Overnight on Wall Street the crusty old world ‘Empire’ struck back and the Luke Skywalkers of the online world look like they’re in for a Star Wars experience, as old star businesses and government hit back.
In seemingly unrelated actions, the FANG stocks on the US stock market — Facebook, Amazon, Netflix and Google (or Alphabet, as they’re named on the stock market) have been clobbered.
Meanwhile, the value of Uber has been questioned following London’s decision to ban the star of the shared economy with its share-riding business.
That’s what they call it nowadays but, in reality, it’s a taxi-service founded on breaking all the rules that taxis have to commit to. Many of these rules were designed to help consumers with things such as guaranteed insurance cover and a regulated price, but Uber targeted the weak points of taxis — reliability and its old world service that often comes with a monopoly-like industry — and has actually helped raise the standard of taxis.
I’m not arguing Uber is bad but it grew from a faulty standard — let’s break the rules, service the customer and see if governments have the guts to disappoint their voters.
Personally, I have no problem with these businesses and what they do, though I have doubted the integrity of them not playing by the rules that their rivals must play by. For example, a taxi driver has to have insurance in case a customer is hurt in a car accident but Uber’s business relationship with their drivers could make insurance cover questionable.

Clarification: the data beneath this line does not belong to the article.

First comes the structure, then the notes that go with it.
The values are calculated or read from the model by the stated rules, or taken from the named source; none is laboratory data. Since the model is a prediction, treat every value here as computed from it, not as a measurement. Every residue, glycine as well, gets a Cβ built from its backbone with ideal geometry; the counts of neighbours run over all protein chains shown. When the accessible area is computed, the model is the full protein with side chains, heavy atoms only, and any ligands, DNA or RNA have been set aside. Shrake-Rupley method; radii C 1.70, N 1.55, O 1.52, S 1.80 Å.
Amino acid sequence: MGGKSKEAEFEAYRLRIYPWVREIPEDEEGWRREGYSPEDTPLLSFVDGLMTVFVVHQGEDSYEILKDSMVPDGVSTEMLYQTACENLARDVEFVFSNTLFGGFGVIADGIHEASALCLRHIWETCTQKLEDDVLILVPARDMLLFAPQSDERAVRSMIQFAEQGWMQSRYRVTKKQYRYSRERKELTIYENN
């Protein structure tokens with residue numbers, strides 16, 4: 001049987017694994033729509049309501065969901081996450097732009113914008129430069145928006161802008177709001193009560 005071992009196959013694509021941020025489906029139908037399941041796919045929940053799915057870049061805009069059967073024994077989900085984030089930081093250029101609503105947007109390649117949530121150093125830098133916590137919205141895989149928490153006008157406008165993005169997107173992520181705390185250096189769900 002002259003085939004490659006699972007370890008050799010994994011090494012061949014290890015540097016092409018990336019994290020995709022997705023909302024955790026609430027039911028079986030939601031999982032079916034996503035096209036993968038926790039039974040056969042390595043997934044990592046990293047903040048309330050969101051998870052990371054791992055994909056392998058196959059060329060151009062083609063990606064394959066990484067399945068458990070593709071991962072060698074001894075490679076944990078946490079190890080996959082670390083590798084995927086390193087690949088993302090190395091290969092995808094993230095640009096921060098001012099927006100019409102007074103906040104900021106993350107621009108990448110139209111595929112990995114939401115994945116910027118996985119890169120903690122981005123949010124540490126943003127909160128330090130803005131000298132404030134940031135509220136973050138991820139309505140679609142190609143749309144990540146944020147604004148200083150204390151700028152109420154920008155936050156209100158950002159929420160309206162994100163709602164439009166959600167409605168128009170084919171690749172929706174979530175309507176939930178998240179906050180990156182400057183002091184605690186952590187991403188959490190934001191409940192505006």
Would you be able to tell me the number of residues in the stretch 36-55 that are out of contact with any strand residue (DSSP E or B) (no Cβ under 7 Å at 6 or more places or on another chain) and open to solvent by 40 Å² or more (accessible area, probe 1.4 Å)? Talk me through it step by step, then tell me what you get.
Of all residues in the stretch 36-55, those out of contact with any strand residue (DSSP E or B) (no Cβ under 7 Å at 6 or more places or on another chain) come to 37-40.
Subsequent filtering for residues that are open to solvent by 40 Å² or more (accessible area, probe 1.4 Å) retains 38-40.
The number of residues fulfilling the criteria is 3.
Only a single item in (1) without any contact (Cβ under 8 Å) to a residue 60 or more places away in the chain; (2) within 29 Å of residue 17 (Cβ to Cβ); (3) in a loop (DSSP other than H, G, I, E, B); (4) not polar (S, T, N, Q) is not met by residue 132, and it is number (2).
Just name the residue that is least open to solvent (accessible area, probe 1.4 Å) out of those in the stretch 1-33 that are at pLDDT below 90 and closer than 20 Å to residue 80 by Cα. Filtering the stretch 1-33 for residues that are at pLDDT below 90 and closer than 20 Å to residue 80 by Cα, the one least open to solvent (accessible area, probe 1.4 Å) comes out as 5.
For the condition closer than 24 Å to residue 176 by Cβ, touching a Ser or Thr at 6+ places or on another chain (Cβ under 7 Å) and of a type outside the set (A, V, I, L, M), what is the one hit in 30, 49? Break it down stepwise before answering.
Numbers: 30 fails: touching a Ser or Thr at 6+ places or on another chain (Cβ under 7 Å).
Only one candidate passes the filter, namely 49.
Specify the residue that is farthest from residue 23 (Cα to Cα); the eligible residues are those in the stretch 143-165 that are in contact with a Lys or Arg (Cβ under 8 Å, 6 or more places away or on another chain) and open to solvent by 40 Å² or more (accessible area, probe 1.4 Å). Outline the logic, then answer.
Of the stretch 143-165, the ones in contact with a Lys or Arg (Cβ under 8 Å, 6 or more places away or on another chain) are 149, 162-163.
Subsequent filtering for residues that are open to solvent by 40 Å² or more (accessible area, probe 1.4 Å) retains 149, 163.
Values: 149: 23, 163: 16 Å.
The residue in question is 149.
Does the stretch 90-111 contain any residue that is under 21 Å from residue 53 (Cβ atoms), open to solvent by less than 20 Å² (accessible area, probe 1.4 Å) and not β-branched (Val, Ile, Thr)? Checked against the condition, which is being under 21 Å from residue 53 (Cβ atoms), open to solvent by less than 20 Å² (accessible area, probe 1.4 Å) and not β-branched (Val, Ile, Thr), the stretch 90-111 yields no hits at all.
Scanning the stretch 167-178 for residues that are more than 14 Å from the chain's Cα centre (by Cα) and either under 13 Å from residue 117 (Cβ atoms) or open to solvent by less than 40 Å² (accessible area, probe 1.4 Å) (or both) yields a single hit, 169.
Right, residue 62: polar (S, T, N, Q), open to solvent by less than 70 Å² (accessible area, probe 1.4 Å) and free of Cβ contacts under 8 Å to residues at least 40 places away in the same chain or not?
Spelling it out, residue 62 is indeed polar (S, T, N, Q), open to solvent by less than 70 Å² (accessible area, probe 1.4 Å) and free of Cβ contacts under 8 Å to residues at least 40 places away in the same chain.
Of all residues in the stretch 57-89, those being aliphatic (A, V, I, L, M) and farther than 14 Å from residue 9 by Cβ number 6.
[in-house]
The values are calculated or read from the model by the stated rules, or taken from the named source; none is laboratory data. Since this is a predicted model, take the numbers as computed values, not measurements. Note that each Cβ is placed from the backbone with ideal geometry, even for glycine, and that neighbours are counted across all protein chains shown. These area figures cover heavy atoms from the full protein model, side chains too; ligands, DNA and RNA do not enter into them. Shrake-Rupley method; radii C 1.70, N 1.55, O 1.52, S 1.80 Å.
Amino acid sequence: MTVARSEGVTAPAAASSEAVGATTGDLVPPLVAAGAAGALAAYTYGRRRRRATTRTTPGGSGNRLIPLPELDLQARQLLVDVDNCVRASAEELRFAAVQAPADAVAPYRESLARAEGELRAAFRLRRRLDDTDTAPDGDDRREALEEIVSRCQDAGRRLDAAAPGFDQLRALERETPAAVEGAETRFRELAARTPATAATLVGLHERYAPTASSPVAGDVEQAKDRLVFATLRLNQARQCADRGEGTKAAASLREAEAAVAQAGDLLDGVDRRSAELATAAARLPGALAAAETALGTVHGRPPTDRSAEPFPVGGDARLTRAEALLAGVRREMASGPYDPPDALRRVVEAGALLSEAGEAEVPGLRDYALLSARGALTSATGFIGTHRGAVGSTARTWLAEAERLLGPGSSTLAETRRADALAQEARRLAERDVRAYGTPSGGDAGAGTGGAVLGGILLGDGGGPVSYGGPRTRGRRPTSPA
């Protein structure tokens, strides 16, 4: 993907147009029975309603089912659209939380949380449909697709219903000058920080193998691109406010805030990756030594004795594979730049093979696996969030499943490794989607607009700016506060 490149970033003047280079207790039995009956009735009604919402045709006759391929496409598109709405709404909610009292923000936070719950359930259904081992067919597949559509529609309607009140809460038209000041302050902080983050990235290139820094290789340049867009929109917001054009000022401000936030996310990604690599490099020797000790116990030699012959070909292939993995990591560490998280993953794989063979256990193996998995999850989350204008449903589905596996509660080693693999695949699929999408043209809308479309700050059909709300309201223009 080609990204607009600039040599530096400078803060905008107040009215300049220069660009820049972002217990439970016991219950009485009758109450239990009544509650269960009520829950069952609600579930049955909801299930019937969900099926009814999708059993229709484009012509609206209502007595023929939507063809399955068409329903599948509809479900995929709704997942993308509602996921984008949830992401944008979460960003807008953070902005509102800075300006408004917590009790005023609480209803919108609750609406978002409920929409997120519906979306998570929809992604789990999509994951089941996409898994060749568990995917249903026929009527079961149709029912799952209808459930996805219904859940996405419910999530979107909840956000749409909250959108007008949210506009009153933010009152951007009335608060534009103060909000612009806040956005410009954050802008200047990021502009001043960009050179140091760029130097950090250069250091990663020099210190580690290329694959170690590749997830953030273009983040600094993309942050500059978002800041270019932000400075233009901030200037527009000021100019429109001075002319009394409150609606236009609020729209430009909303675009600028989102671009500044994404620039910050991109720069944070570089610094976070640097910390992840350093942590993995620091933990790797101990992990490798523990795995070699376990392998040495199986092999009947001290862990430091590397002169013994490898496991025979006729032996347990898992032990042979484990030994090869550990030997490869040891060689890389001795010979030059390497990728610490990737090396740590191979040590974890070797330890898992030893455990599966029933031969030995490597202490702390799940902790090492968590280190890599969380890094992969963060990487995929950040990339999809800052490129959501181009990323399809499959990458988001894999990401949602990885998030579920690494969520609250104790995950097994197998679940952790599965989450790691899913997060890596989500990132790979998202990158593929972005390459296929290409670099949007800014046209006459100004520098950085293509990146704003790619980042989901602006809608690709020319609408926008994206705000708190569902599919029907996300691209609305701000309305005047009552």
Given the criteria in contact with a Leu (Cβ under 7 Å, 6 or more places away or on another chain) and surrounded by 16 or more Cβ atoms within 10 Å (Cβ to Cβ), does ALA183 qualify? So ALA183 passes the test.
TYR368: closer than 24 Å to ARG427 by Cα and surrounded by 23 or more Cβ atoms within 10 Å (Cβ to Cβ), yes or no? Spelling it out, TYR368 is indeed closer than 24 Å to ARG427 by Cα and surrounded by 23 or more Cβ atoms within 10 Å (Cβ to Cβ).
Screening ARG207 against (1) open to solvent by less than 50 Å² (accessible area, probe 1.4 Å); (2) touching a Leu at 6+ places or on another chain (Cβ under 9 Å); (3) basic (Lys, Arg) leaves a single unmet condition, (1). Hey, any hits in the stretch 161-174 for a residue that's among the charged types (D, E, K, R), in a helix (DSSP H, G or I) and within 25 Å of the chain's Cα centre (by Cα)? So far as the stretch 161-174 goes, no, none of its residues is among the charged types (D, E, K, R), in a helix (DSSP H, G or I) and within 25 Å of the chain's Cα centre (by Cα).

Aside from that, London City struck a blow for the old world by banning Uber for conduct unbecoming and its boss has now apologised for its behavior.
News outlets, including The Guardian are reporting that Uber's chief executive, Dara Khosrowshahi, apologized for ‘mistakes we have made,’ but says he still plans to appeal London's decision to revoke the ride-hailing app's licence to operate in the city.
London transport bureaucrats say they will not renew Uber's licence due to "a lack of corporate responsibility" in dealing with safety issues.
Transport for London (TfL) has said that Uber was not a “fit and proper” private car-hire operator and cited four areas of concern, including its approach to reporting criminal offences and carrying out background checks on drivers.
Its use of "greyball" technology, which can be used to block regulators from fully accessing the app, is also an issue.
Richard Branson took on monopolies and oligopolies but he played by the existing rules, cut prices and won over consumers. However many of the FANG businesses have broken rules to get an advantage.
FANG businesses such as Facebook have been in legal hot water for practices in their early days that saw them penalized by authorities. And a lot of high tech businesses are accused of not paying the right taxes worldwide and, interestingly, part of the stock price fall overnight for FANG shares has been the belief that President Trump’s tax cut plan will see these businesses pay more tax!
The Nasdaq stock market index fell 0.92% overnight, while the Russell 2000, which houses smaller more normal US businesses, rose, while all other market indexes fell.
This old world organisation called the Department of Inland Revenue and tax offices around the world wants IT businesses to pay up like other businesses.